Usually, pizza ovens are large in size and may not fit into your kitchen and may be more suitable for installation outdoors, in restaurants or in commercial kitchens.
You can buy a smaller oven to fit into your kitchen; however, for the best pizza experience, it is better to purchase a dedicated pizza oven and set it up in your backyard.
There is no denying the convenience of an oven; however, cleaning one can be quite a tedious, cumbersome and time-consuming task, especially with all that burnt food, grease, oil, etc.
Fortunately, today, there are self-cleaning oven models available, which is a super-handy function; making cleaning the oven very quick and easy. However, this feature may not be available in all models.
Self-cleaning ovens can be classified into catalytic and pyrolytic ovens. Catalytic ovens are usually lined with special types of chemicals that absorb all the food spilled in the oven, making cleaning up much easier.
On the other hand, pyrolytic ovens heat up to around 500 degrees and burn up any food residues completely and all you need to do is sweep out the ashes.
Of the two types, pyrolytic ovens are more common. The only drawback of self-cleaning ovens is that because the leftover food is burned, it produces a lot of smoke, which can cause eye irritation and also set off your fire alarm.
These are the most common types of ovens available and are designed to fit anywhere in your kitchen, whether at eye level or below your kitchen counter.
A single oven lets you cook foods at a single temperature. And, the best part is that they don’t take up a lot of space and so, are perfect for smaller sized kitchens.
Single ovens are sturdy and reliable, having fewer parts so you don’t have to worry about them failing or breaking. And, if you have a small family or don’t use an oven very often, then a single oven is perfect for most of your cooking needs.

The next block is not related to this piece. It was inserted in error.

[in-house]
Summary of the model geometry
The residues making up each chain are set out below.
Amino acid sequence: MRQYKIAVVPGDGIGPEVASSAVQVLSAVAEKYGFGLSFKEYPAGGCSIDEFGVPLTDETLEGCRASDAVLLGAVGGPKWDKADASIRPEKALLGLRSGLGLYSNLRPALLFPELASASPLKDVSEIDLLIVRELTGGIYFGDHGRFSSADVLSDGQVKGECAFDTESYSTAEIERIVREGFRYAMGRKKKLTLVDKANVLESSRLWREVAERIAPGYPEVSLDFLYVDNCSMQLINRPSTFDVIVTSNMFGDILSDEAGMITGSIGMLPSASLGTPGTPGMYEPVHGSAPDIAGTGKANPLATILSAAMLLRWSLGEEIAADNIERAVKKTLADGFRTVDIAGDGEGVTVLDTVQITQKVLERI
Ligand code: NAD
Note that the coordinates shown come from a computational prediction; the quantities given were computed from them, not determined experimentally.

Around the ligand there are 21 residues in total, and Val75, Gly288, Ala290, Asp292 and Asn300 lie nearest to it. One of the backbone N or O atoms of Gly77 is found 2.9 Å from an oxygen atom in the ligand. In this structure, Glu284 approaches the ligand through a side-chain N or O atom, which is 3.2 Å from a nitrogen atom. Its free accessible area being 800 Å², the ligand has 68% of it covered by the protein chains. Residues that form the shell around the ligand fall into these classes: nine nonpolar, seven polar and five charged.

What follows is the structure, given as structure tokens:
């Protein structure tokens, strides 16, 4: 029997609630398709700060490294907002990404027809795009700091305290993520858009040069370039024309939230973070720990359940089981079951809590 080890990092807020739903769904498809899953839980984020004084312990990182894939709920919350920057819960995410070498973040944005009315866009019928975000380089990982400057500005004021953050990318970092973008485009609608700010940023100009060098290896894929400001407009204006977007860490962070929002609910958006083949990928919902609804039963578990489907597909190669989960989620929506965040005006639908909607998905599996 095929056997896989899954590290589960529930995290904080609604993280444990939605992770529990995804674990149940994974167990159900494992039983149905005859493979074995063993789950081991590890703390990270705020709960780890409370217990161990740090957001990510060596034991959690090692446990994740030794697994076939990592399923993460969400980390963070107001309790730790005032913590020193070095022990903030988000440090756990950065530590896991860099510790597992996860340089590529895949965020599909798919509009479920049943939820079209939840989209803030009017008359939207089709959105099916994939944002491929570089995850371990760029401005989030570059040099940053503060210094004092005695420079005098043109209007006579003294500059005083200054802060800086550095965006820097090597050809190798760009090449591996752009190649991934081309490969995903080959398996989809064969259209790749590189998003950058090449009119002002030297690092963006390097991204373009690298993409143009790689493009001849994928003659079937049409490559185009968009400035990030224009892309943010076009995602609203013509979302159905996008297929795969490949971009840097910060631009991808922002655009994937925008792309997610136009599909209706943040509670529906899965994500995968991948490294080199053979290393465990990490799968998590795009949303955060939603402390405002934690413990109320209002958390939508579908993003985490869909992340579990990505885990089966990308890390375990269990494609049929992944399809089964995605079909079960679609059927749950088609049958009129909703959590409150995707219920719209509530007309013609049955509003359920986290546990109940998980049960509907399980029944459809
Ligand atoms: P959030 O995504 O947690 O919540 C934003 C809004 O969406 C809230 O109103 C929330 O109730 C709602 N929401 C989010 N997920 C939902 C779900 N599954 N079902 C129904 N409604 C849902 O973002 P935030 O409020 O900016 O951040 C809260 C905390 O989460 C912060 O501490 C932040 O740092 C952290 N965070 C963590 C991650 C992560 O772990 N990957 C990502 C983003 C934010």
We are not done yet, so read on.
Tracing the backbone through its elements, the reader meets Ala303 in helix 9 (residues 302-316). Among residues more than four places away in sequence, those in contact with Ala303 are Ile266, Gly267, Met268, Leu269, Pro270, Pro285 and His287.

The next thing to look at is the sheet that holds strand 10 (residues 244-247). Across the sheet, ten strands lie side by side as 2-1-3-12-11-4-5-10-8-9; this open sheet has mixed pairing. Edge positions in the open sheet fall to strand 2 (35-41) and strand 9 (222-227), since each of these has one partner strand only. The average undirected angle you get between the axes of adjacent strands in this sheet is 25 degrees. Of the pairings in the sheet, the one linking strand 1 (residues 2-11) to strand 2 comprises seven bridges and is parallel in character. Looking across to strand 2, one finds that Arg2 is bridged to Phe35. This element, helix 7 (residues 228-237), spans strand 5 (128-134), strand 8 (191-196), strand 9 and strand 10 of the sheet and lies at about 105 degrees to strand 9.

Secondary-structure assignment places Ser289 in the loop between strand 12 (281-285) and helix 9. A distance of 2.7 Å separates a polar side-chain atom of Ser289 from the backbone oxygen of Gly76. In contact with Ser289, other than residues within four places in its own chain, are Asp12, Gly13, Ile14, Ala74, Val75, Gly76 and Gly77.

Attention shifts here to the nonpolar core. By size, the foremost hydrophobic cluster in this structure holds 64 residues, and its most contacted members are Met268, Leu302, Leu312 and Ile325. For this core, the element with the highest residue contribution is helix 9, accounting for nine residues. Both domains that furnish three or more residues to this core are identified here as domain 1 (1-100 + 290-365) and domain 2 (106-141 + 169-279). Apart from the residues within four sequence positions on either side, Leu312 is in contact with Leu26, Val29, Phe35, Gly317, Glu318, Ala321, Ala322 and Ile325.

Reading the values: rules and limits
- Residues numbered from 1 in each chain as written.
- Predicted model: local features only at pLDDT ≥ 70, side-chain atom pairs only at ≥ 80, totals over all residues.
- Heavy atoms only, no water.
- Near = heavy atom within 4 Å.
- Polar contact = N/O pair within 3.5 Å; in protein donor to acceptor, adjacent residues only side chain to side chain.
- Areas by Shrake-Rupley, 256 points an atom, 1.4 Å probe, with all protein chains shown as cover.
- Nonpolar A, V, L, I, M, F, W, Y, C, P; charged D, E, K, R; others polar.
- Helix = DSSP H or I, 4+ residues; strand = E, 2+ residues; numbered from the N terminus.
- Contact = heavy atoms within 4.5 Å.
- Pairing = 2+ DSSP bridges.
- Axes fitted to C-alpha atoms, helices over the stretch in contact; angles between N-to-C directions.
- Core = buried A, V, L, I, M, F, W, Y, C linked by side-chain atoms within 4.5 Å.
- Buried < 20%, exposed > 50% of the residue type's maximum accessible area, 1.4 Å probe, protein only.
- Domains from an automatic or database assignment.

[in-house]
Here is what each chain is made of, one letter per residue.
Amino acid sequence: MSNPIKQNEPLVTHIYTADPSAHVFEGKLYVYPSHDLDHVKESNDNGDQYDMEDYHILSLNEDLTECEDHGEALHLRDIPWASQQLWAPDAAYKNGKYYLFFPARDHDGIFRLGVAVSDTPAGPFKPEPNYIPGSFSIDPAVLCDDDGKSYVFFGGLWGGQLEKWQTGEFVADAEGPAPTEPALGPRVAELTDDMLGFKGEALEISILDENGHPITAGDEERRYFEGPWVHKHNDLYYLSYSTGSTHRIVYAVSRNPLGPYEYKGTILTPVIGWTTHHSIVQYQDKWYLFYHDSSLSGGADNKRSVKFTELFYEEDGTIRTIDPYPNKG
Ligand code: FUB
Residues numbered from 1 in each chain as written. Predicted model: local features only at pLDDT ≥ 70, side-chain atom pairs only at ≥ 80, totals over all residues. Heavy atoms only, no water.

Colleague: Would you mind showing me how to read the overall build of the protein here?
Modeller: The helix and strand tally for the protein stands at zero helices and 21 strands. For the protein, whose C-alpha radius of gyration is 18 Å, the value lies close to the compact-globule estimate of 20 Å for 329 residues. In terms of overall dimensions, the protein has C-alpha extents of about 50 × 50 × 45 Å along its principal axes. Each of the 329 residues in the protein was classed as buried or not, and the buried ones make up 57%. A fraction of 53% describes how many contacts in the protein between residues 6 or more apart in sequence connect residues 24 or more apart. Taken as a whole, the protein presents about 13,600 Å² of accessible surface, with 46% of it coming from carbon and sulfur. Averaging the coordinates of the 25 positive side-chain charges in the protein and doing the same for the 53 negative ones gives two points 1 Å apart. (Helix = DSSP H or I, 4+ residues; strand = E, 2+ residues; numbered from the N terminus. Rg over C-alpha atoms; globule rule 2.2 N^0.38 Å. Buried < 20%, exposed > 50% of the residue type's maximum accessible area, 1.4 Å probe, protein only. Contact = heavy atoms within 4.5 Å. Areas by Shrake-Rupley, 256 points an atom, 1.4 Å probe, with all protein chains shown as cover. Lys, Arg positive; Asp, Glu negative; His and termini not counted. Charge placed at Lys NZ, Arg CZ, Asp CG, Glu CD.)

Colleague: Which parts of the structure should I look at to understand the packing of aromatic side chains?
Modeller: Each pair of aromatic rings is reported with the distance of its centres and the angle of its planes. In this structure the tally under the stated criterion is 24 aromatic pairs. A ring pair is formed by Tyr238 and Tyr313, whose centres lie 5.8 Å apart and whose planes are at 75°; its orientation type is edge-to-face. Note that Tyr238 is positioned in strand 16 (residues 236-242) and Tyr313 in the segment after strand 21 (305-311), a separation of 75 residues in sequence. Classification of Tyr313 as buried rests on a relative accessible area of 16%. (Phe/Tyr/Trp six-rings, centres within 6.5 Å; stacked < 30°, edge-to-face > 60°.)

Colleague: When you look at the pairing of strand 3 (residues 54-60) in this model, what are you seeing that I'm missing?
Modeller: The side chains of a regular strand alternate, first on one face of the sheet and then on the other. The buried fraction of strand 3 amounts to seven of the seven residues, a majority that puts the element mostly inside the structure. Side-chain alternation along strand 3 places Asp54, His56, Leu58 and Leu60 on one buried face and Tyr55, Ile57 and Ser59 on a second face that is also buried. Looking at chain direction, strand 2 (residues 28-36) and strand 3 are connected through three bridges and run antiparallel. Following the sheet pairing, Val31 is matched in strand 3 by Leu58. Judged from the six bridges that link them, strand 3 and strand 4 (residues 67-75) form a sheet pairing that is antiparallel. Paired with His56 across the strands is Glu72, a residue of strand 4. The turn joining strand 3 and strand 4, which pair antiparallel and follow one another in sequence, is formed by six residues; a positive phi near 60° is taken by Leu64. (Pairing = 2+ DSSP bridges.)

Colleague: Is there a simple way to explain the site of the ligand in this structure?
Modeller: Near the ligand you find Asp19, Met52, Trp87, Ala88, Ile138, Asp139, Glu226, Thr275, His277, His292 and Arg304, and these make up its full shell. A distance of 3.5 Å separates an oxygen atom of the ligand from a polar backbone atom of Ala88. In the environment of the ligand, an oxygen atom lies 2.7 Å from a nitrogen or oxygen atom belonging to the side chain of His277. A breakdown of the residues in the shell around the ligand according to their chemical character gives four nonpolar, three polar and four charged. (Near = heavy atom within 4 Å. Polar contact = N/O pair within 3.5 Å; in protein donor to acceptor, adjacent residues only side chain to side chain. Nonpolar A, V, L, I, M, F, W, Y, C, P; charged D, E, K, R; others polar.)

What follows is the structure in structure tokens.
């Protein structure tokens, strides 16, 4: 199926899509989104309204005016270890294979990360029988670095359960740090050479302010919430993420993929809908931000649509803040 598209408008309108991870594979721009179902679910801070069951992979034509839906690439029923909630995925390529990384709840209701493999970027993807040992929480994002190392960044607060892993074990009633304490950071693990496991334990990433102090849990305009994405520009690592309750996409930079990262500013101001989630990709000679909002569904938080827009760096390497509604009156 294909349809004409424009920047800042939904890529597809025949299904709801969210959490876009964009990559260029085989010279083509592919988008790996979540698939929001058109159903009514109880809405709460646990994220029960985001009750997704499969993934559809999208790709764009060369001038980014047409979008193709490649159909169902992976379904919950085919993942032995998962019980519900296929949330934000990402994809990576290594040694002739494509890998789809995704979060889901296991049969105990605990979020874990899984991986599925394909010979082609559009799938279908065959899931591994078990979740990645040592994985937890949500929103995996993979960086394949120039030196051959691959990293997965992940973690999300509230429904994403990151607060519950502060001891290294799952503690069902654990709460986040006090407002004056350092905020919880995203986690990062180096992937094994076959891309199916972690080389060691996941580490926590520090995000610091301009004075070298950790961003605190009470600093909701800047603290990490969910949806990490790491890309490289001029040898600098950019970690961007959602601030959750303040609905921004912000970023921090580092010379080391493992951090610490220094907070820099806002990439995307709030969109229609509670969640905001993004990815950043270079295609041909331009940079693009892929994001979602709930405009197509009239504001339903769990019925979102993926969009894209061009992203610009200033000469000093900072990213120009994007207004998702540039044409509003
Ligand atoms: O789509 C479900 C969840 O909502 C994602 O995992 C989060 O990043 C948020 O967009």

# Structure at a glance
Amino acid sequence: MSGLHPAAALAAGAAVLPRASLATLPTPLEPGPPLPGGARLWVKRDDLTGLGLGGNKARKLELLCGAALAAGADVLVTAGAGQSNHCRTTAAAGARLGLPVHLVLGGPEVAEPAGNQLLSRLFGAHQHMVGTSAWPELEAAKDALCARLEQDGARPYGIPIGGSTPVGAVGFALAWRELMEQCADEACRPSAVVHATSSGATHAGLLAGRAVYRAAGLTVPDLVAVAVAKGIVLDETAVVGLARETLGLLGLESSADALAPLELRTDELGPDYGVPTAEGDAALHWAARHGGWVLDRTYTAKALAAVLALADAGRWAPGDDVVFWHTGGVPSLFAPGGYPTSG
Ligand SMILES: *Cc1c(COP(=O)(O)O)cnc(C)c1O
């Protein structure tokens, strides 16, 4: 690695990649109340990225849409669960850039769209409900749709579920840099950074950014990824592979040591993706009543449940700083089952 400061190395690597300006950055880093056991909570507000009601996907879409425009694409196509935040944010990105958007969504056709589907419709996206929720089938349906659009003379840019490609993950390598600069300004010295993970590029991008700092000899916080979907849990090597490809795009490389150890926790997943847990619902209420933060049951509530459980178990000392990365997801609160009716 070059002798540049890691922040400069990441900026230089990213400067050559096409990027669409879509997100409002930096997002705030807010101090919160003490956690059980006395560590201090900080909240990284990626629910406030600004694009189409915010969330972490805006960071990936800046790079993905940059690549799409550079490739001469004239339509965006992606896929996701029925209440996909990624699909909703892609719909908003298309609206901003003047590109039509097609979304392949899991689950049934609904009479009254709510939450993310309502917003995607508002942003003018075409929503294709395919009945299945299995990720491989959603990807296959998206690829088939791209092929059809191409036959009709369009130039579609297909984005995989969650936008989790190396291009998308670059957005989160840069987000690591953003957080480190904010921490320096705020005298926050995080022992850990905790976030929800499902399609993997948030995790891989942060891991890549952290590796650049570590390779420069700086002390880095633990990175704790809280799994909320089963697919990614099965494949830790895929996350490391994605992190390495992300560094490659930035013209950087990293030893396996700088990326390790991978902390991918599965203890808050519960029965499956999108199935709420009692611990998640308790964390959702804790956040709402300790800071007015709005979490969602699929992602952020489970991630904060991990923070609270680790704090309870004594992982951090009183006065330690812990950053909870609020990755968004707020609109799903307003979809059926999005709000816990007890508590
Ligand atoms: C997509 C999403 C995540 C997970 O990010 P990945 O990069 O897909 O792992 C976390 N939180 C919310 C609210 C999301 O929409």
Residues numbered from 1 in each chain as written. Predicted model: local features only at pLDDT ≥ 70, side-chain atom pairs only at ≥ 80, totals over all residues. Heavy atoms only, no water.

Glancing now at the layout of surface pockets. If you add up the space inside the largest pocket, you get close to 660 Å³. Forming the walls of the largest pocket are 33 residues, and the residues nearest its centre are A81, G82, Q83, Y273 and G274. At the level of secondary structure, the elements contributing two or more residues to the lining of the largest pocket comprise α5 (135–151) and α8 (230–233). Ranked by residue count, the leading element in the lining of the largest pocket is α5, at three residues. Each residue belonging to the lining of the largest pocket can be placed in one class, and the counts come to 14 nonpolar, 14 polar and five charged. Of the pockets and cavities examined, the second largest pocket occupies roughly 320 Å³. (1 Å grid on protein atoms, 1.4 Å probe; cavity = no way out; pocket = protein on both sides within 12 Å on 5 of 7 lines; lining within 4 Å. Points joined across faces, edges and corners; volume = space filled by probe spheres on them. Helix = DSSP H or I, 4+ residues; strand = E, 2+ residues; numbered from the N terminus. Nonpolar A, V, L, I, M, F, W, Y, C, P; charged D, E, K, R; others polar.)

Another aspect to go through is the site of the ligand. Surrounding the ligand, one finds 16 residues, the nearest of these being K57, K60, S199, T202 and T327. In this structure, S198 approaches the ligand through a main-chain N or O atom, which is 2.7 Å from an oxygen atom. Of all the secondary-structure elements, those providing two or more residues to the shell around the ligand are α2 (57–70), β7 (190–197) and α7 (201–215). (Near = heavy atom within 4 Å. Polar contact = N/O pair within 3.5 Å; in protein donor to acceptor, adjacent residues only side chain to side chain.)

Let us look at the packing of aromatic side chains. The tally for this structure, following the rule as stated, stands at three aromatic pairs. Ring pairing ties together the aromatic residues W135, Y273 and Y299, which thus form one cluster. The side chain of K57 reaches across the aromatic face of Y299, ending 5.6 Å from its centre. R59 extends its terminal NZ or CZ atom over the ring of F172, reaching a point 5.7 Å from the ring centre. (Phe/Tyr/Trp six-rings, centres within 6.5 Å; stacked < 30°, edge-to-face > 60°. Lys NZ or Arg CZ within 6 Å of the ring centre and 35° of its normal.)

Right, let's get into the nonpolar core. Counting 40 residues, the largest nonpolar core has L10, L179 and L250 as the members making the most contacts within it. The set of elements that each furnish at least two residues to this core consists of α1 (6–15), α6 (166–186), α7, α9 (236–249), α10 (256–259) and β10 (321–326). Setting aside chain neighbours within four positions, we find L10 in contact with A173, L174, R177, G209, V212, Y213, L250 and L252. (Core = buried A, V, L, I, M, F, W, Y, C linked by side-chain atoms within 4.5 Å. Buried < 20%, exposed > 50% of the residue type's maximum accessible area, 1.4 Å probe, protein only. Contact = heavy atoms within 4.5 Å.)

If you have a larger family, host large parties, or like to cook in bulk, then a double oven is a great option for you. Essentially, a double oven is two single ovens that are stacked one on top of the other.
The advantages of double oven types are that you can cook two different kinds of dishes at different temperatures or you can use one to cook, while using the other oven to grill, roast, bake, etc.
You can either purchase a double oven, where both ovens are the same size or if you don’t have sufficient space in your kitchen, then you can opt for one that is smaller than the other.
Also, some double ovens come with the option of one conventional oven and one convection. So, you can buy a double oven depending on your cooking requirements.
These are very easy to find and quite popular too. You can install a freestanding oven anywhere in your kitchen and if you have the right kind of outlets, you can move the oven anywhere you want.
Generally, freestanding ovens come with a cooktop on the oven (which is one of the types of stoves), so that you don’t need to find additional space for your cooktop.
However, the only drawback of this model is that you need to bend down often to access the food, which can be quite tedious at times.
Types of Ovens for Every Kitchen
So, this brings us to the end of the article on the different types of ovens. We hope that this information helps you to make a smart oven purchase.
The ovens we have discussed in our article are the most basic types of ovens and there are other rare models available on the market that are just variations of the ones above with extra features such as heating drawers, storage drawers, delay bake, proof mode, Wi-Fi, etc.